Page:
By Katharine Cahn, Karin Gunderson, Nancy Shore, Judith Wirth, Briana Yancey



This article presents the findings of a retrospective study of 70 family group conferences (FGC) conducted in Washington State. These 70 FGCs addressed the well-being of 138 children. The families within the evaluation were primarily referred by foster care units rather than investigative units and involved cases that had been in the child welfare system for over 90 days. Families were invited to participate in the decision-making process, engaging both the maternal and paternal sides of the family with greater success than standard case planning approaches. Children who had a conference experienced high rates of reunification or kinship placement, and low rates of re-referral to CPS. These findings generally remained stable as long as two years post-conference. This study, the largest long-term follow-up study of FGC published to date, suggests that FGCs can be an effective planning approach for families involved with the public child welfare agency, resulting in safe, permanent plans for children at risk.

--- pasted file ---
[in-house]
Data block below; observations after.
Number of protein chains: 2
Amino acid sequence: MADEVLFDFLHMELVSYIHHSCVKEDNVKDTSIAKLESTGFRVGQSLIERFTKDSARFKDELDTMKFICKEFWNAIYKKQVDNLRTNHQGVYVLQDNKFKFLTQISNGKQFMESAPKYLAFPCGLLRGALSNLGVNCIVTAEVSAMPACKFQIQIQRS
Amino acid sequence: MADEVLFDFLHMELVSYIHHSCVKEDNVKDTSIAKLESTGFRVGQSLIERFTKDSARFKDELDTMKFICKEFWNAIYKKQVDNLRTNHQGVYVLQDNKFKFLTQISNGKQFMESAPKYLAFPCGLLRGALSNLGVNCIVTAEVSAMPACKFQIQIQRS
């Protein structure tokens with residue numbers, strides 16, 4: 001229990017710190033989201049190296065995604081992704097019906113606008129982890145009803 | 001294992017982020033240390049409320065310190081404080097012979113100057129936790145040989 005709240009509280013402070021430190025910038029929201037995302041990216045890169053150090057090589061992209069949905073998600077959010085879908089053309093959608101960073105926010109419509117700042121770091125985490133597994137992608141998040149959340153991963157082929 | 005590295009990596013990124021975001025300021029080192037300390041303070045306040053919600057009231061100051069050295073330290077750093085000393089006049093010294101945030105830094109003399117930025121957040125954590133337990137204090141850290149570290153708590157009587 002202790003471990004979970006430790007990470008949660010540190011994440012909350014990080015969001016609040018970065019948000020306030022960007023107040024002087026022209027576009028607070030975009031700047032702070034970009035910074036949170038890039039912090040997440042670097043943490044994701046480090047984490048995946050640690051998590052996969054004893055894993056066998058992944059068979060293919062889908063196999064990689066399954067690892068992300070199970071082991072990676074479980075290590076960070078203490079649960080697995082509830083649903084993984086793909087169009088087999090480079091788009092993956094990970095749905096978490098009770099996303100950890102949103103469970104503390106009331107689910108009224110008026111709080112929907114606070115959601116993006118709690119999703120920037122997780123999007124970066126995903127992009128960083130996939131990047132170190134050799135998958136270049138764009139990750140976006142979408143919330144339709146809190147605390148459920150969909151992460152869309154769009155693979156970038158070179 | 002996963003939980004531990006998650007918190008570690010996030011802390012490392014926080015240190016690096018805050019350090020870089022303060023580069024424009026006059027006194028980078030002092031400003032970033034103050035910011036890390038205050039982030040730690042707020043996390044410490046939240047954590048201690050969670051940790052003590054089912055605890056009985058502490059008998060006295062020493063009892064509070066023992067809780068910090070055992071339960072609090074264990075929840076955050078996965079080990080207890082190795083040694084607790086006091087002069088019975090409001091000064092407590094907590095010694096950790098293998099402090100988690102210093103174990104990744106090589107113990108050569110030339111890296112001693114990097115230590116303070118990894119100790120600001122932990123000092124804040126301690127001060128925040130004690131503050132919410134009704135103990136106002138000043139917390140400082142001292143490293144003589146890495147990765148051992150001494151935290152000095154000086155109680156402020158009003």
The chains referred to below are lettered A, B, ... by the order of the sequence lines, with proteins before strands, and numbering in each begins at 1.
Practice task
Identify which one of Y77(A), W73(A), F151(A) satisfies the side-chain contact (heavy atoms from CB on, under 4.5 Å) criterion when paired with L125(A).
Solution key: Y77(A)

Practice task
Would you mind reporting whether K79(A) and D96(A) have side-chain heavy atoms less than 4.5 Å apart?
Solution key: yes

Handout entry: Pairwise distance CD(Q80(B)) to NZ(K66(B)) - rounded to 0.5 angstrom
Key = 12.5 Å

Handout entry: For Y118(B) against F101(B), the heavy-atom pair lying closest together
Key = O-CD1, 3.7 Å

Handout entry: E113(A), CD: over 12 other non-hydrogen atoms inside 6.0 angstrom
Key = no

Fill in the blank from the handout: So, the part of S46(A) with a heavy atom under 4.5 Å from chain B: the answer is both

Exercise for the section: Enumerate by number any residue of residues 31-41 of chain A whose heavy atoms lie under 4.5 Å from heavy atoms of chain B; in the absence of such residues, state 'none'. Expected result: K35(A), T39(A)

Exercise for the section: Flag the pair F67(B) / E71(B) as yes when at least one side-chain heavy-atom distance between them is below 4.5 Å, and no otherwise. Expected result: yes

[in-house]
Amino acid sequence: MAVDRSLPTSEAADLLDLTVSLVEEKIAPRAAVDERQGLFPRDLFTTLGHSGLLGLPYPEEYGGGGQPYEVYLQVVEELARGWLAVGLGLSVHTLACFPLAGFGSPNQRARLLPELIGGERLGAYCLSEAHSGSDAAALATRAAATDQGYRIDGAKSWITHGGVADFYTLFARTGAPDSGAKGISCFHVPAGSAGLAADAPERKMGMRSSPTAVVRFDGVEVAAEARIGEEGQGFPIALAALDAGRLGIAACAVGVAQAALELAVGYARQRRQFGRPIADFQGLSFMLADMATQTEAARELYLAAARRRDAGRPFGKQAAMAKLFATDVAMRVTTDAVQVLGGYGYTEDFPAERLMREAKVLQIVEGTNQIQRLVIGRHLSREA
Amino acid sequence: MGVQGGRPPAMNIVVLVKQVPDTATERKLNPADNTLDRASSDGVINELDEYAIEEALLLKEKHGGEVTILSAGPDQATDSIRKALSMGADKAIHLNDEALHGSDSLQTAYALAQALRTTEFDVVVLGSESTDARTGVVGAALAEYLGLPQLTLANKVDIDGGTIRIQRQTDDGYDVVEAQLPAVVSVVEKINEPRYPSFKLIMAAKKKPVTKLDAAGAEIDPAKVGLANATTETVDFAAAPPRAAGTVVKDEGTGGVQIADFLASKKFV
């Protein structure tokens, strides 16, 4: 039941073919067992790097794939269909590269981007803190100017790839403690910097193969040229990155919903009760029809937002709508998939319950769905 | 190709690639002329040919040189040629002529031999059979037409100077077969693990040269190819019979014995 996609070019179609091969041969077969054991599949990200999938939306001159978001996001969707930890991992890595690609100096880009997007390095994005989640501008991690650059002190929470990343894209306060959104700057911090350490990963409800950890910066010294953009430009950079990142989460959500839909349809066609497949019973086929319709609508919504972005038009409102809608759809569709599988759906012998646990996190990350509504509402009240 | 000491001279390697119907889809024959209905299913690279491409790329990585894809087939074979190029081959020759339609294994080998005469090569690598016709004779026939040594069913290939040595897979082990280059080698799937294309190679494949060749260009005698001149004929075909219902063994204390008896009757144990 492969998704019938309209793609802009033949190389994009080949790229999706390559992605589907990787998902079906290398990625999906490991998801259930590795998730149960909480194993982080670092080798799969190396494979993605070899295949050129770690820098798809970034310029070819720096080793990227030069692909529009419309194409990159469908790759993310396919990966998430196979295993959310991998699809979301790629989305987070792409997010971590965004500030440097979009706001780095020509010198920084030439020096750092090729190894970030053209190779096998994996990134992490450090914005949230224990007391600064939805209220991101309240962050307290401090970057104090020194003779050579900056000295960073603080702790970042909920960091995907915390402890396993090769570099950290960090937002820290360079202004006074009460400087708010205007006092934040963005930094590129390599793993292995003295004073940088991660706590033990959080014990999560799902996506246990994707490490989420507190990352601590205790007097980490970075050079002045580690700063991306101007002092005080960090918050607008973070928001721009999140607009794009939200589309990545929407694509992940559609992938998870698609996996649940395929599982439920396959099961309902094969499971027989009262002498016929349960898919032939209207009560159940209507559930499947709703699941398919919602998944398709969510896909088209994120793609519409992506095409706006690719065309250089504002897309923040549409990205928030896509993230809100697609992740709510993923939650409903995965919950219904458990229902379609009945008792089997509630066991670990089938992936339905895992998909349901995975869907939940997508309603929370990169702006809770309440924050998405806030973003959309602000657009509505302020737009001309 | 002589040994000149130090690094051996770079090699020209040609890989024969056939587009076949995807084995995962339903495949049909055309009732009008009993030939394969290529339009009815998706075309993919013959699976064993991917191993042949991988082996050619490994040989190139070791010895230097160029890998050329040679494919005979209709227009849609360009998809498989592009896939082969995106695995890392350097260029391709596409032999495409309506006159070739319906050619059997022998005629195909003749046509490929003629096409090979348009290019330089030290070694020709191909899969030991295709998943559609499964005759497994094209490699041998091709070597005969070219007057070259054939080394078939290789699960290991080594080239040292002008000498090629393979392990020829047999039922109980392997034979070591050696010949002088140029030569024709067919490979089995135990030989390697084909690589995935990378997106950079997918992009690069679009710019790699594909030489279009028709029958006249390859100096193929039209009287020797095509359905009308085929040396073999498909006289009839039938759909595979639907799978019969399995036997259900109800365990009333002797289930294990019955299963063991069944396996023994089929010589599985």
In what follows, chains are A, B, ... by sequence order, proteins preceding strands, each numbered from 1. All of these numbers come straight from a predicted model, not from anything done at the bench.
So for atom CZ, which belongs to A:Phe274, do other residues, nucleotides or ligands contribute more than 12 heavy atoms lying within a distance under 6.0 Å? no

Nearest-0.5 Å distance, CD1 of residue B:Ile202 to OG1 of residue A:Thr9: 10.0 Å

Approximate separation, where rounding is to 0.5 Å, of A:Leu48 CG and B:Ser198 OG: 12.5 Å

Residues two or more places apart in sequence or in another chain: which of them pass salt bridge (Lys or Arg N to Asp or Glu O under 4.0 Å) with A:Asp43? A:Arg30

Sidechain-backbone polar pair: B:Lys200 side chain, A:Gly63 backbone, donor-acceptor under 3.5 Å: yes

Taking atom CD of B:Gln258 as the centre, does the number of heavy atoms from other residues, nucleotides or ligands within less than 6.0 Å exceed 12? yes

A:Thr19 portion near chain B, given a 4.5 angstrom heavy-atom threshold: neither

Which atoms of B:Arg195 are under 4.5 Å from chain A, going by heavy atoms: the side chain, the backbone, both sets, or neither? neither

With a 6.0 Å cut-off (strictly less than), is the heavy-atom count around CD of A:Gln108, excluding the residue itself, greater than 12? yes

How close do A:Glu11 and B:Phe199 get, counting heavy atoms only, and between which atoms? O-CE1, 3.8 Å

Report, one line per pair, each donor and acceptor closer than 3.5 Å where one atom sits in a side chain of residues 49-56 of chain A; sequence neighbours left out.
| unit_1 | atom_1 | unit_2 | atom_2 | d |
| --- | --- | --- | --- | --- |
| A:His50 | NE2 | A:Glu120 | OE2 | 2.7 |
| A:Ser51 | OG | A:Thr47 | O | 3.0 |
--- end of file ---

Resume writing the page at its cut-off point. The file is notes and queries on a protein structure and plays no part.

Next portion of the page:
Child welfare policy and practice in the United States have been described in terms of a pendulum, swinging between child safety and family preservation. The landmark Adoption Assistance and Child Welfare Act of 1980 (P.L. 96-272) represented a swing towards family preservation where policies promoted efforts to keep families intact and prevent the placement of children into foster care (Cole, 1995). As the country struggled with rising foster care placements and a number of high profile child deaths in the eighties and nineties, public opinion began to blame this focus on family preservation, and called for renewed attention to child safety.